Here's a very interesting look at the PSU investigation from the perspective of Pennsylvania Governor Corbett, who was the state's Attorney General when the grand jury investigation began in 2009. As reported in the New York Times:
What was so amazingly weird to me is the second to last full paragraph of the story. That a "computer glitch" (no other explanation offered) was the reason for the report being made available to the public. A computer glitch !?!?
As lawyer myself, I have been wondering for days why we had been given a view of the grand jury's written report, which isn't a formal charging document, but we had not seen the formal indictment, which I gather might have been filed under seal. (Filing under seal in a case like this would not be uncommon nor improper, although I make no personal judgment about this case.) Usually, grand jury reports are not released but charging documents -- indictments -- are publicly filed.
This is an interesting veiwpoint, and some mildly astonishing and unexplained info about the case.
I'm amazed at how badly Penn State as an institution has handled this. It looks like the confluence of politics, through the governor's office, and a university administration that is so eager to protect itself from any political incorrectness that it will do almost anything, the costs be damned.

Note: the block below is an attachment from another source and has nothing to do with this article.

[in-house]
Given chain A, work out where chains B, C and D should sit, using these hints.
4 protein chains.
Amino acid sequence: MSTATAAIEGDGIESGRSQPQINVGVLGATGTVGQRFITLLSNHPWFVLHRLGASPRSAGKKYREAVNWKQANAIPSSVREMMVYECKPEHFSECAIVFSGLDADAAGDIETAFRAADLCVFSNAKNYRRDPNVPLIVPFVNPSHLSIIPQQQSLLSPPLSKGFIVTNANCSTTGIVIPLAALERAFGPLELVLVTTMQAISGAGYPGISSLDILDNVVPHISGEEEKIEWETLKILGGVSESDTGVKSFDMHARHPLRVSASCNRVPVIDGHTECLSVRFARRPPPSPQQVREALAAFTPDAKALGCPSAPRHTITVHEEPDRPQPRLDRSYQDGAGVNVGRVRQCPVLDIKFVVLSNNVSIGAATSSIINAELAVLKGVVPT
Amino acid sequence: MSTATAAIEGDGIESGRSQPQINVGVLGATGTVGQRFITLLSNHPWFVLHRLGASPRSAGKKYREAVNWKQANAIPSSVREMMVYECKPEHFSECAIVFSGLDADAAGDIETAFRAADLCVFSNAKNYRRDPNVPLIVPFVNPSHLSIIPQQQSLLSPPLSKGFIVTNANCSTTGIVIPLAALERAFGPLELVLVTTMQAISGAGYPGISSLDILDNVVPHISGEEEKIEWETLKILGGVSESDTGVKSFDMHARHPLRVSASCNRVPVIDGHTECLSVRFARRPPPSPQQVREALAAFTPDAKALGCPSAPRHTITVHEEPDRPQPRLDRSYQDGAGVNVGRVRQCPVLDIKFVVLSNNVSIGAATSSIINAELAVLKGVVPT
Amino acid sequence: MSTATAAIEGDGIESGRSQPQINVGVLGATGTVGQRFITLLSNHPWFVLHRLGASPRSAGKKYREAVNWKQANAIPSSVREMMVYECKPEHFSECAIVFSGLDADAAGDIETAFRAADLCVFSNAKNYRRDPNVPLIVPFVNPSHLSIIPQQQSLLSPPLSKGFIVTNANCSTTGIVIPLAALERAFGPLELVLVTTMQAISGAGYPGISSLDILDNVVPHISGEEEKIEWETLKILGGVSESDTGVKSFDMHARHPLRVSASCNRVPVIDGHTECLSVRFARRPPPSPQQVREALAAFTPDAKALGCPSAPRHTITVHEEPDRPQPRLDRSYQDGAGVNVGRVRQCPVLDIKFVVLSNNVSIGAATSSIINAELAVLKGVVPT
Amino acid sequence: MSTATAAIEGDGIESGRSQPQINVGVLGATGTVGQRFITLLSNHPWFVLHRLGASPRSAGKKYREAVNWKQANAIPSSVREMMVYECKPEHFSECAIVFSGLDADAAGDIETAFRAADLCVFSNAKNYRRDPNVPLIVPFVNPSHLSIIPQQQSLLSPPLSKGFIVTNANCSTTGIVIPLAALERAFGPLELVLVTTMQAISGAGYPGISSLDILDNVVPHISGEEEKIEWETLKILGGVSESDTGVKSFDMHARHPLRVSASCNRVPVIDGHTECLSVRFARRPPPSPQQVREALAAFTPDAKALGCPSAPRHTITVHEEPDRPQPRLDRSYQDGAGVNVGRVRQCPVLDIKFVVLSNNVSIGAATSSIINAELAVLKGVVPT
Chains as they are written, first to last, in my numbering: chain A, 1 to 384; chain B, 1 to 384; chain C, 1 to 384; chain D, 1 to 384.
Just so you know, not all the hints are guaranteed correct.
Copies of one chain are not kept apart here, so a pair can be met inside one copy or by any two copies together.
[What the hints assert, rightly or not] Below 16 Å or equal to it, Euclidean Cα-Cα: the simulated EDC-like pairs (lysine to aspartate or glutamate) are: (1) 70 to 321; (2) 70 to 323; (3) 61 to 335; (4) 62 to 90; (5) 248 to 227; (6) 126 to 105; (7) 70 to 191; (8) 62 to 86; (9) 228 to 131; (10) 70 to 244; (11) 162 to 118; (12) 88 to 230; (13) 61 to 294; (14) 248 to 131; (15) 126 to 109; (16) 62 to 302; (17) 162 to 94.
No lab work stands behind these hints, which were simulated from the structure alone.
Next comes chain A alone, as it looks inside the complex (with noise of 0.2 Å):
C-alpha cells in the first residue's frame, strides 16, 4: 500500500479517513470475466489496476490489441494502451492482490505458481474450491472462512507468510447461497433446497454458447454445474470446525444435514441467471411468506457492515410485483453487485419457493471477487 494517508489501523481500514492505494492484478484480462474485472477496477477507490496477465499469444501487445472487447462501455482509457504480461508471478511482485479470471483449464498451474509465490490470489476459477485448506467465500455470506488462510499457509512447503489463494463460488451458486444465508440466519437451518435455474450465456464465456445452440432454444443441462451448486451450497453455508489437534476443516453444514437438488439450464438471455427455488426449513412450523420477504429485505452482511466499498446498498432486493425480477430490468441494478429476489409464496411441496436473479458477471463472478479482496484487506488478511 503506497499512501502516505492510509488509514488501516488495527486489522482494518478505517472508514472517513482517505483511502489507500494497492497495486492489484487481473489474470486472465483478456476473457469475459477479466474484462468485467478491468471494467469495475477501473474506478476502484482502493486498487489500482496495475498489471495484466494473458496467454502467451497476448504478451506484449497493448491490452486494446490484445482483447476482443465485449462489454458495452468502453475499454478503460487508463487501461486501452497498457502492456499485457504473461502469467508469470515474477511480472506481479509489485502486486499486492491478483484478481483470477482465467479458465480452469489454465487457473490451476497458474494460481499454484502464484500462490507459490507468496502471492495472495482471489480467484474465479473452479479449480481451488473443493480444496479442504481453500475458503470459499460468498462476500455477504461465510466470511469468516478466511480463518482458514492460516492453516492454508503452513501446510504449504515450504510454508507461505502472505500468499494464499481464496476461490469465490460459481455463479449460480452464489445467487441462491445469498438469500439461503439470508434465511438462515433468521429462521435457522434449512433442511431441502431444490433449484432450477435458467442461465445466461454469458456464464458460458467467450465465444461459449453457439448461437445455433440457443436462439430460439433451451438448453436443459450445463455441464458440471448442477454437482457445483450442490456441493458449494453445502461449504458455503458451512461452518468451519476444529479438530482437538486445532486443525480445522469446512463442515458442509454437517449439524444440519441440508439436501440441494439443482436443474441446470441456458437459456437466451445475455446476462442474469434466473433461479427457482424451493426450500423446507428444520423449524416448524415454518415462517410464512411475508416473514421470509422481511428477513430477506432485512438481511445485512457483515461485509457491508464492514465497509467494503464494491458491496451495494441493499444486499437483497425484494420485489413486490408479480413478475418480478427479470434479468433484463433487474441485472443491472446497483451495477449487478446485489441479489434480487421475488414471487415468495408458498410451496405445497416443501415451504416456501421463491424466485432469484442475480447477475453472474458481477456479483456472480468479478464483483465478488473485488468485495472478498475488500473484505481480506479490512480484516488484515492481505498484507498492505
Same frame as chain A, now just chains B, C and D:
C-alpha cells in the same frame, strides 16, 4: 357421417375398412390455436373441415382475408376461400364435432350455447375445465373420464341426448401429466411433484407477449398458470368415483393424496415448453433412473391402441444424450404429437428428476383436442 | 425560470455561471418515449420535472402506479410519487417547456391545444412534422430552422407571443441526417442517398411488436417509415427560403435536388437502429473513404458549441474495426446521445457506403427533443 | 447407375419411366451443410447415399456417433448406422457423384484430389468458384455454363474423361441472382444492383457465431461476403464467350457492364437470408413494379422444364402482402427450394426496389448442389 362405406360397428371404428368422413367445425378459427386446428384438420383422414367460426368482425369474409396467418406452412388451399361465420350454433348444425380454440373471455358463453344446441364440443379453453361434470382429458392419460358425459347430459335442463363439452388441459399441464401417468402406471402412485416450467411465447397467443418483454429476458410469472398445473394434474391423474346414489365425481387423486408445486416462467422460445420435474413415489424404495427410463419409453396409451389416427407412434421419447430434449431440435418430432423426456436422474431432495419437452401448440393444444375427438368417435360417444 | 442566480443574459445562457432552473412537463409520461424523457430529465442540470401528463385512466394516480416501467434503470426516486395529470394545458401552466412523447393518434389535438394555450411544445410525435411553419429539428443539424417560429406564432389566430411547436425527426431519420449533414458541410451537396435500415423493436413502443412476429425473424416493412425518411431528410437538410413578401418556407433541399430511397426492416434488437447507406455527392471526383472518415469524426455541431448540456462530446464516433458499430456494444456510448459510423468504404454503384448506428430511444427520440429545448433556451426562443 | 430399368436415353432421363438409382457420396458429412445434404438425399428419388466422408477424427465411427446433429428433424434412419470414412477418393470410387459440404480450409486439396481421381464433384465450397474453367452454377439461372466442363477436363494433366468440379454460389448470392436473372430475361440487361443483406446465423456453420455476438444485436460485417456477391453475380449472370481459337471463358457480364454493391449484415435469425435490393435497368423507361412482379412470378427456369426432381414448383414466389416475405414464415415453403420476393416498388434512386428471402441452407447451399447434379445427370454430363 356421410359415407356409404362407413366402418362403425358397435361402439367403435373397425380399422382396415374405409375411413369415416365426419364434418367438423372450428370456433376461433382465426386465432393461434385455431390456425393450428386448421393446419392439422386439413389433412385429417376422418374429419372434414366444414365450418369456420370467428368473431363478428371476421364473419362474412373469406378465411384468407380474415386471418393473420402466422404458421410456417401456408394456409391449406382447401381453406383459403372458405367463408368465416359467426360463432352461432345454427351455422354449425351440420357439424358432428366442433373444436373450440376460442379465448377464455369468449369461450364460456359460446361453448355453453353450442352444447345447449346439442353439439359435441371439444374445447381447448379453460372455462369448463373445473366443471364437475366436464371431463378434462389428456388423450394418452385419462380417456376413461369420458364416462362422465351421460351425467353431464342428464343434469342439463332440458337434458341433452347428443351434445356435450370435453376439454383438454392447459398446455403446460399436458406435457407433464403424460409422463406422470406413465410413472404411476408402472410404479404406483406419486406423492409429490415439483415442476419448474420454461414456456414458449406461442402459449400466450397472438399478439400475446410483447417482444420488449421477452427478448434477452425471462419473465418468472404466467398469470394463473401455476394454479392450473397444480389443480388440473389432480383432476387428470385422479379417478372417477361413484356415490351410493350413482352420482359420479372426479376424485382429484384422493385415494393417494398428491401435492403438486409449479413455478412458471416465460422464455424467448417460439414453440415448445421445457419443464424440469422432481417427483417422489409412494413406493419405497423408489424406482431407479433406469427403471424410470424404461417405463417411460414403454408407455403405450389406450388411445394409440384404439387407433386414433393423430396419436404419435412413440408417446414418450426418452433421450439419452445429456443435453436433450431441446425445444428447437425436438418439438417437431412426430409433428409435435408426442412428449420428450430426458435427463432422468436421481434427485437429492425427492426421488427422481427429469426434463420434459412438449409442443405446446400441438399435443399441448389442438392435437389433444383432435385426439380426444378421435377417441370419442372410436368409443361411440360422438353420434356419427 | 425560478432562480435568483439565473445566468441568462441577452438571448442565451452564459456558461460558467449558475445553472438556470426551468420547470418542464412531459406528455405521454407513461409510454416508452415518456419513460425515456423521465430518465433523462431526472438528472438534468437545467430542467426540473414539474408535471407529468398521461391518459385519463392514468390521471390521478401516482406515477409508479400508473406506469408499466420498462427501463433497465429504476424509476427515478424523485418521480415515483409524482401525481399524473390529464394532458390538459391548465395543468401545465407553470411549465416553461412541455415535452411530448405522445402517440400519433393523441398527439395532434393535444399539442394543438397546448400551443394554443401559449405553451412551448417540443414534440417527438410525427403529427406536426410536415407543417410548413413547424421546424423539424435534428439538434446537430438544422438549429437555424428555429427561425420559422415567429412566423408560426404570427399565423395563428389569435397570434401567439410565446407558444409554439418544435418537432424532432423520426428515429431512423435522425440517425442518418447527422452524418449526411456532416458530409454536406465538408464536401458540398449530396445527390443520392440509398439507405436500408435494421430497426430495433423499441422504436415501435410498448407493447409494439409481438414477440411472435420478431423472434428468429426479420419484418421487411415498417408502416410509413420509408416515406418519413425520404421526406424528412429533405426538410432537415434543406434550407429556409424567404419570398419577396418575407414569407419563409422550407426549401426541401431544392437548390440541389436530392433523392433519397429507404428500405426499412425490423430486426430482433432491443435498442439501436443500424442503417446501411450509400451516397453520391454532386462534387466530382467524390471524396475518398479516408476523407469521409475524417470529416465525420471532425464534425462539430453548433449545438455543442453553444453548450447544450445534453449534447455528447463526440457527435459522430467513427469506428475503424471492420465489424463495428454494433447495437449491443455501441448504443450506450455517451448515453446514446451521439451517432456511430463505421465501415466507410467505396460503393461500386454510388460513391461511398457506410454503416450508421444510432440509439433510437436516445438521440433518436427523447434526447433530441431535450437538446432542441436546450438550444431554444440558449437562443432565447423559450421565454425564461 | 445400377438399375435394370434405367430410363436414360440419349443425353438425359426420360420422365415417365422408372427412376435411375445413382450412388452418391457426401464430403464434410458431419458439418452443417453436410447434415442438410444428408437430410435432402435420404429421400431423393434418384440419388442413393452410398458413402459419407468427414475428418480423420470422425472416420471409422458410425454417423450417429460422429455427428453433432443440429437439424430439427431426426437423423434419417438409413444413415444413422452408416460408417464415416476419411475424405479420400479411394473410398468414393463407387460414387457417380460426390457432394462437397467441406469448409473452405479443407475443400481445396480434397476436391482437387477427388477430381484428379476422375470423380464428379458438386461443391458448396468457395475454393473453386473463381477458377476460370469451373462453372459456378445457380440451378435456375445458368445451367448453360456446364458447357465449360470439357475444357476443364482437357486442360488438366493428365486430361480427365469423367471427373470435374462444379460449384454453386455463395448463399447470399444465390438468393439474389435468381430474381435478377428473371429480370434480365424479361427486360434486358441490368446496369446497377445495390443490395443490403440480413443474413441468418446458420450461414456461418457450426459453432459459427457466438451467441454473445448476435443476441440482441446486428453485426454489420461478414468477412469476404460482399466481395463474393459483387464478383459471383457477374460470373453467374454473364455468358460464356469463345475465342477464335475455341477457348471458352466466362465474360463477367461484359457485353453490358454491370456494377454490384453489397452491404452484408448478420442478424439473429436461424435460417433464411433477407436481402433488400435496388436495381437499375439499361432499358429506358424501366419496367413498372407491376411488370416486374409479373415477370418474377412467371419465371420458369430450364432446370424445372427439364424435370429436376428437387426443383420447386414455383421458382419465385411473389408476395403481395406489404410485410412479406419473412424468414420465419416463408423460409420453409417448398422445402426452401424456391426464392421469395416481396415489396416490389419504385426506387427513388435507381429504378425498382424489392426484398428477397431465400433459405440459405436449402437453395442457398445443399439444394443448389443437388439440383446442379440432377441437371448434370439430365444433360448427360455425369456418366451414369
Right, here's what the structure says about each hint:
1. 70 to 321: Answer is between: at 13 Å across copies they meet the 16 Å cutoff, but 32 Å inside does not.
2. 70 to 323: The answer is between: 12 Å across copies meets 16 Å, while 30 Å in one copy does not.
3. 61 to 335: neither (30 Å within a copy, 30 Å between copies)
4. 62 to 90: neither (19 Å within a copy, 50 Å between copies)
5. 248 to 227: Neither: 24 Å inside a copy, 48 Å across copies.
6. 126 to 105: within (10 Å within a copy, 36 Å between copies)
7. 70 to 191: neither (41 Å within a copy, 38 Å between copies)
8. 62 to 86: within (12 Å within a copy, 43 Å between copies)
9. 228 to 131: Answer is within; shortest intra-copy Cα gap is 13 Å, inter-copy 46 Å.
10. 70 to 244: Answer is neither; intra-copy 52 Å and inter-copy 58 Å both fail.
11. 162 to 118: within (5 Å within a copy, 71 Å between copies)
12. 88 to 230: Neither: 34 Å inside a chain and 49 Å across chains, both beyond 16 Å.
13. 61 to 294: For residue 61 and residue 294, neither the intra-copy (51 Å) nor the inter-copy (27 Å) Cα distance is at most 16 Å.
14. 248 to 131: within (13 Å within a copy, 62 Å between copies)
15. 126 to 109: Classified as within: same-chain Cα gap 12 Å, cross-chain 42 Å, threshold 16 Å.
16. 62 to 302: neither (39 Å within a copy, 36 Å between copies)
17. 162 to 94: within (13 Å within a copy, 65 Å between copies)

Now, granting the obvious -- that the allegations made against Sandusky are appalling and as serious as can be -- I see a lot of evidence of a hasty overreaction on the part of Penn State with respect to everything else. In the calm light of day, with Sandusky's innocence presumed as a matter of law, and no indictment of anyone other than Sandusky, Curley and Schutlz (the latter two for perjury only); why wouldn't the fair and proper thing to have been to suspend everyone named in the report; Curley, Schultz, Spanier, Paterno, McQueary, etc., with full pay pending a fair investigation of what really happened?
I am reading the Penn State blogs and among the calls for riots, and the pleas for everyone to stop rioting, and the pledge drives for victimized children... among the few sensible posts are the ones that circle around to detailed analysis of what has really happened and due process for Joe Paterno. I sit in judgment from afar, not being any sort of a Penn State fan. To me, the Nittany Lions belong in the Big East or something. But I do relate, to the home-team bloggers who probably know more about their program than the reporters who are on national tv spouting off about what Penn State should be doing. Sort of something I learned from being an active part of the Michigan blogosphere, 2009-10...